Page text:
Tom's Blog

Friday, May 23, 2014

Good time for aspen eradication

Although native, quaking aspen (Populus tremuloides) is completely undesirable in any restored natural area in the Midwest and should be eradicated. Girdling is the only effective procedure and the next few weeks are the ideal time to carry this out.

The primary growth of aspen is asexual by underground runners. The typical aspen "grove" is a multi-stemmed clone in which all the roots are interconnected. If an injury to a root occurs, there will be a rapid response by the clone, and new shoots ("suckers") will be sent up all over the area. New shoots have been known to arise as far as 50 feet from the nearest aspen tree! The clone may expand simultaneously in several directions, as influenced by environmental conditions.

If a single tree or a whole aspen clone is cut, massive numbers of new shoots (called root suckers) will be sent up. An area that had perhaps 5 or 10 large aspen trees will soon have hundreds of small aspen stems. There is only one certain way of killing an aspen clone and this is by girdling.

Girdling means stripping a layer of bark and the underlying cambium and phloem in a band around the trunk. The phloem vessels translocate sugars and other nutrients to the roots, so if the phloem tubes are broken, the roots become starved of food. The xylem vessels, which translocate water to the leaves, are not affected by girdling. With girdling, the upper part of the tree still remains alive, since photosynthesis can continue. Eventually, however, the roots die, and the whole tree dies. The first year after girdling, the clone may appear almost normal, but by the second year the clone usually dies. The dead trunks can then be cut without stimulating resprouting.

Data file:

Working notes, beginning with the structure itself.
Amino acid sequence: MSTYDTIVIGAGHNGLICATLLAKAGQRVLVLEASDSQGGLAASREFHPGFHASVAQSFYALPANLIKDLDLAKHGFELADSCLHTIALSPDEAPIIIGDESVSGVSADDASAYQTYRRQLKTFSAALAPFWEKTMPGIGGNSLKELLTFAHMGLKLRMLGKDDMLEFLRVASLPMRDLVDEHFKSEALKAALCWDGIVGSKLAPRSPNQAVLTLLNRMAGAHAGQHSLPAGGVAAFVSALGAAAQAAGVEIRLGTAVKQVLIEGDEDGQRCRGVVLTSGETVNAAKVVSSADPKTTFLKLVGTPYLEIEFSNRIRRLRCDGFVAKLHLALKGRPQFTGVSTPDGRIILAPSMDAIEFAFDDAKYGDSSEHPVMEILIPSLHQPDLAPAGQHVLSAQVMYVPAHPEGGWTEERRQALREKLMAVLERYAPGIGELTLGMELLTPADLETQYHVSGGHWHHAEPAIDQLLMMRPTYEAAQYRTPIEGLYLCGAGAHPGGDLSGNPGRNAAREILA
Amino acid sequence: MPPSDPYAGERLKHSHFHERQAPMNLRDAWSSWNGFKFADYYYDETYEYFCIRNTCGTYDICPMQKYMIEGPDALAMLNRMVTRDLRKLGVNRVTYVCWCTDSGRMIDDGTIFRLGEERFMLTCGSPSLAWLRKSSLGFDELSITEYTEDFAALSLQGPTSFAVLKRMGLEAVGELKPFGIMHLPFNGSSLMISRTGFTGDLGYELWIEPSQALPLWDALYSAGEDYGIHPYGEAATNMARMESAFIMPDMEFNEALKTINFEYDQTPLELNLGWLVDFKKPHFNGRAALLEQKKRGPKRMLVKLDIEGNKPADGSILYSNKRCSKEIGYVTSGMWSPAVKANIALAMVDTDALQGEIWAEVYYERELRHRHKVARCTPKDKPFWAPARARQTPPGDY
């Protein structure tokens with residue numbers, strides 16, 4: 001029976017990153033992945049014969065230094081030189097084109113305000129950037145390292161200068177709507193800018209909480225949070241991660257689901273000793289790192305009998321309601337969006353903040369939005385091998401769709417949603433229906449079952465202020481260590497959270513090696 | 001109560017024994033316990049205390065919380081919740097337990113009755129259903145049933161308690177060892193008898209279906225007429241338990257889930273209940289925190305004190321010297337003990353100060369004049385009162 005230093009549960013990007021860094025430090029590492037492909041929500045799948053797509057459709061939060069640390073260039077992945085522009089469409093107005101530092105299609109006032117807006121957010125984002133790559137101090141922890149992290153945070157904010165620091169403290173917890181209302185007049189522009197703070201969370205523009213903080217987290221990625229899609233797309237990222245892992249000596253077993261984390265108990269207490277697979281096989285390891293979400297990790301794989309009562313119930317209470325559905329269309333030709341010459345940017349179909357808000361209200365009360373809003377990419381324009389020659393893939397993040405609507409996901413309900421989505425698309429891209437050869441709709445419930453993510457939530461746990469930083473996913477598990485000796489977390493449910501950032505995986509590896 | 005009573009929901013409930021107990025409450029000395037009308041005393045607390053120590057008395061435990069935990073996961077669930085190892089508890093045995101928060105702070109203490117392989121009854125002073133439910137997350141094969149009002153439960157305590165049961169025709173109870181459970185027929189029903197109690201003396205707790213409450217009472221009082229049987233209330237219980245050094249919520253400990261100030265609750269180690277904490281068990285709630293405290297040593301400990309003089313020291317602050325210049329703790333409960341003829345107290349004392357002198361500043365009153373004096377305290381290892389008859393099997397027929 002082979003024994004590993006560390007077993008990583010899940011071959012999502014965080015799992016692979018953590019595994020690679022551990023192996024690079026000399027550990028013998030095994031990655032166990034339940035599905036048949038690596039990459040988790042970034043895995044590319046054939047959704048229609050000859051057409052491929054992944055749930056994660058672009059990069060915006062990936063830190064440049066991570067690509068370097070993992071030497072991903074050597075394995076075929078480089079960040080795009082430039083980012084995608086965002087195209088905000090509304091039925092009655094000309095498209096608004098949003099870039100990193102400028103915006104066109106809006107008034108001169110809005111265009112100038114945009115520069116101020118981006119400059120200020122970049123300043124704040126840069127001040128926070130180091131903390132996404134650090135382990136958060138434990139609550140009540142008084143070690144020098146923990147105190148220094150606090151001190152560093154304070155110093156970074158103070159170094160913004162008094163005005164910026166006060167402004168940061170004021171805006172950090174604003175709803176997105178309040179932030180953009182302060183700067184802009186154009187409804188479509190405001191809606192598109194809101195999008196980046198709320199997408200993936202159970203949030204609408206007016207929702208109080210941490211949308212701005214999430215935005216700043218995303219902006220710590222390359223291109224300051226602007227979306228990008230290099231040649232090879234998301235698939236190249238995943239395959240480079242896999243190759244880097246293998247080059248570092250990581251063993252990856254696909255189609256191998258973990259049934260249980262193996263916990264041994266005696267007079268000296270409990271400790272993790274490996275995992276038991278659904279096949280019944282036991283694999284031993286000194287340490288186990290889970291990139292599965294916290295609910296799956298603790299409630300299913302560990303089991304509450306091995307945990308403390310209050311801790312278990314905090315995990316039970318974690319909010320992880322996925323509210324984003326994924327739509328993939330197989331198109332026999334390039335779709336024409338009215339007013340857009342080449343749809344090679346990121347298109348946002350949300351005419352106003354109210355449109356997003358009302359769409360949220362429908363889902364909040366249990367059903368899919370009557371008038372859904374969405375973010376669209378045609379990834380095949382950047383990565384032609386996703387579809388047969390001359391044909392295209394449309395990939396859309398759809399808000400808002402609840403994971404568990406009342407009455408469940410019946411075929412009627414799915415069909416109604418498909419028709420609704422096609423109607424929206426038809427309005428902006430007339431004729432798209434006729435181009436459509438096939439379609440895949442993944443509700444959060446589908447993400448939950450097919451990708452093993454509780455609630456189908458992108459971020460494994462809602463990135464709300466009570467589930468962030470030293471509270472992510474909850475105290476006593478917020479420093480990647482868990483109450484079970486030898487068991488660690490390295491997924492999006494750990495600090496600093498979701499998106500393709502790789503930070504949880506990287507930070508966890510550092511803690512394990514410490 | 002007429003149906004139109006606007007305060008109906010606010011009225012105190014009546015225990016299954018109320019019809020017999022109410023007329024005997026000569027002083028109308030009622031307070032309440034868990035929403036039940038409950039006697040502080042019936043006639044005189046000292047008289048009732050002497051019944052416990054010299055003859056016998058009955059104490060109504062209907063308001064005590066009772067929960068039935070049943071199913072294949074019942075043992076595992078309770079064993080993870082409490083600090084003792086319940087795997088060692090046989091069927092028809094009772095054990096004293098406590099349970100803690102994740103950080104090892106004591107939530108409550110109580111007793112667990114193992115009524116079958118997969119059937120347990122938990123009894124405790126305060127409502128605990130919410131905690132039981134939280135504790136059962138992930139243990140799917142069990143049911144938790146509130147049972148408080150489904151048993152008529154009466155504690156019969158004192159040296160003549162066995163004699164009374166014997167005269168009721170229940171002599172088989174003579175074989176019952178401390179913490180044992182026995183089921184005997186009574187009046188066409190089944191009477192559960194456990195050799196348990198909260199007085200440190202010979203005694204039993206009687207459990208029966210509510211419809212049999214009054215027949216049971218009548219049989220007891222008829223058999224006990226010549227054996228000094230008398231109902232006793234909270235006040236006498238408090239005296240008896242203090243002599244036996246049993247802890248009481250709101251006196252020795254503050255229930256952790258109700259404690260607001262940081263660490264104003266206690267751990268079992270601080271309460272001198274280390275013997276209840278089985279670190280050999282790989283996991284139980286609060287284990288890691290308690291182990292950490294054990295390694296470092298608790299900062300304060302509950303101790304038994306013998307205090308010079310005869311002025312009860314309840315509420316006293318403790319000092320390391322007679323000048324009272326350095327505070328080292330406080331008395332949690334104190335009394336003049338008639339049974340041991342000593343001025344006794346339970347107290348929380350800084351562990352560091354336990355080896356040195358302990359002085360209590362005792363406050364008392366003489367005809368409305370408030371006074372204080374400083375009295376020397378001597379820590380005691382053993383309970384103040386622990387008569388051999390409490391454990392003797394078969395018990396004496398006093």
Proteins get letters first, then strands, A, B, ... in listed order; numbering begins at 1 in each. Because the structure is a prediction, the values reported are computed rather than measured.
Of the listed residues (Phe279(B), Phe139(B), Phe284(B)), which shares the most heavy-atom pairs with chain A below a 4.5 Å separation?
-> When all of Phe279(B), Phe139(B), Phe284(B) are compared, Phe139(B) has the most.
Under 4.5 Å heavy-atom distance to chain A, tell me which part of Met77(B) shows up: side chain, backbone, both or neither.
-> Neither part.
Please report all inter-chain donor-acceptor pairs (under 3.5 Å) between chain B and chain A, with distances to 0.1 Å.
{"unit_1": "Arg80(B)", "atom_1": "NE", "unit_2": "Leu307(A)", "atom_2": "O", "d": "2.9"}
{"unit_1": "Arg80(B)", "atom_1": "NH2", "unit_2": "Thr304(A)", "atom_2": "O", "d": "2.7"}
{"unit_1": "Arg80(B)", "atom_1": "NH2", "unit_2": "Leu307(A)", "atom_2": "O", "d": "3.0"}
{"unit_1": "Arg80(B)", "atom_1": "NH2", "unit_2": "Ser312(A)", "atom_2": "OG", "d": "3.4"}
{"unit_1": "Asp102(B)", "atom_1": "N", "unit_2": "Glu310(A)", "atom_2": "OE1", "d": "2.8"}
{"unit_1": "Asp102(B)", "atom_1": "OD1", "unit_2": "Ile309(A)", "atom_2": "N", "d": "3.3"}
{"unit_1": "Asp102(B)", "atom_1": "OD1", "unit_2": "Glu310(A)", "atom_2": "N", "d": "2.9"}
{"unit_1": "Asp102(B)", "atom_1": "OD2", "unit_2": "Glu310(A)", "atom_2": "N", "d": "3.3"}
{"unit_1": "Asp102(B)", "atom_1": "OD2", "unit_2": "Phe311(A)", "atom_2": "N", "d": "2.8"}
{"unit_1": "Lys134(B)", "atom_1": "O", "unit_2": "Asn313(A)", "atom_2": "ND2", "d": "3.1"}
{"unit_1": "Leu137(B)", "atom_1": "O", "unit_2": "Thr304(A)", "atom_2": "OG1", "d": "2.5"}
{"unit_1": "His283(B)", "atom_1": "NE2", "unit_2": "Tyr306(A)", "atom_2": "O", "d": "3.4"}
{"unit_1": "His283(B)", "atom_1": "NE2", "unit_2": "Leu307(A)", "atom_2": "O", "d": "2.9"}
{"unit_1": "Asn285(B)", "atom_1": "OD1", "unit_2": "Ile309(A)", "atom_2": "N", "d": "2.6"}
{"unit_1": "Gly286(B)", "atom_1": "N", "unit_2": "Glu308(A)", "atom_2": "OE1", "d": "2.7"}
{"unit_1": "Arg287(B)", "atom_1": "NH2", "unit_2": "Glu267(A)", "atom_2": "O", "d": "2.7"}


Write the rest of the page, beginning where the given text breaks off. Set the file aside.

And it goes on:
In contrast to cutting, girdling does not induce the formation of root suckers. (There is an interesting but  complex plant hormonal process involved in root sucker formation.)

Depending on the size of the tree, different tools can be used in girdling an aspen, but we have found the most effective is a discarded truck spring that is sharpened on one side, which helps in making the initial cut. Once the bark is penetrated, it is peeled back all around the trunk, as the photo shows. It is essential that a complete ring is made, otherwise the tree may be able to repair the damage. Also, every tree in the clone must be girdled.

After girdling, one must wait a year or so for the tree to die. The dead trees can then be cut and stacked for later burning. (Aspen logs do not make very good firewood.)

Although the process described above will eradicate the aspen clone, not all the roots are killed, so that scattered root suckers may appear in subsequent years. (We have had scattered aspen root suckers from a clone as long as 25 years later.) Thus the site should be monitored, and new suckers killed. The best way to kill these small suckers is with basal bark treatment with Garlon 4 (15-20%) in oil. (My preferred way is to apply the herbicide by a paint stick.)

The U.S. Forest Service has an excellent publication on aspen growth and ecology. Although dealing mainly with Western aspen, it does include information on Lake States populations. It is available as a PDF for download at the U.S.F.S. publications web site as General Technical Report RM-119. There is also a nice treatment of aspen in the volume on Silvics in North America. The aspen chapter can be downloaded at the following link:


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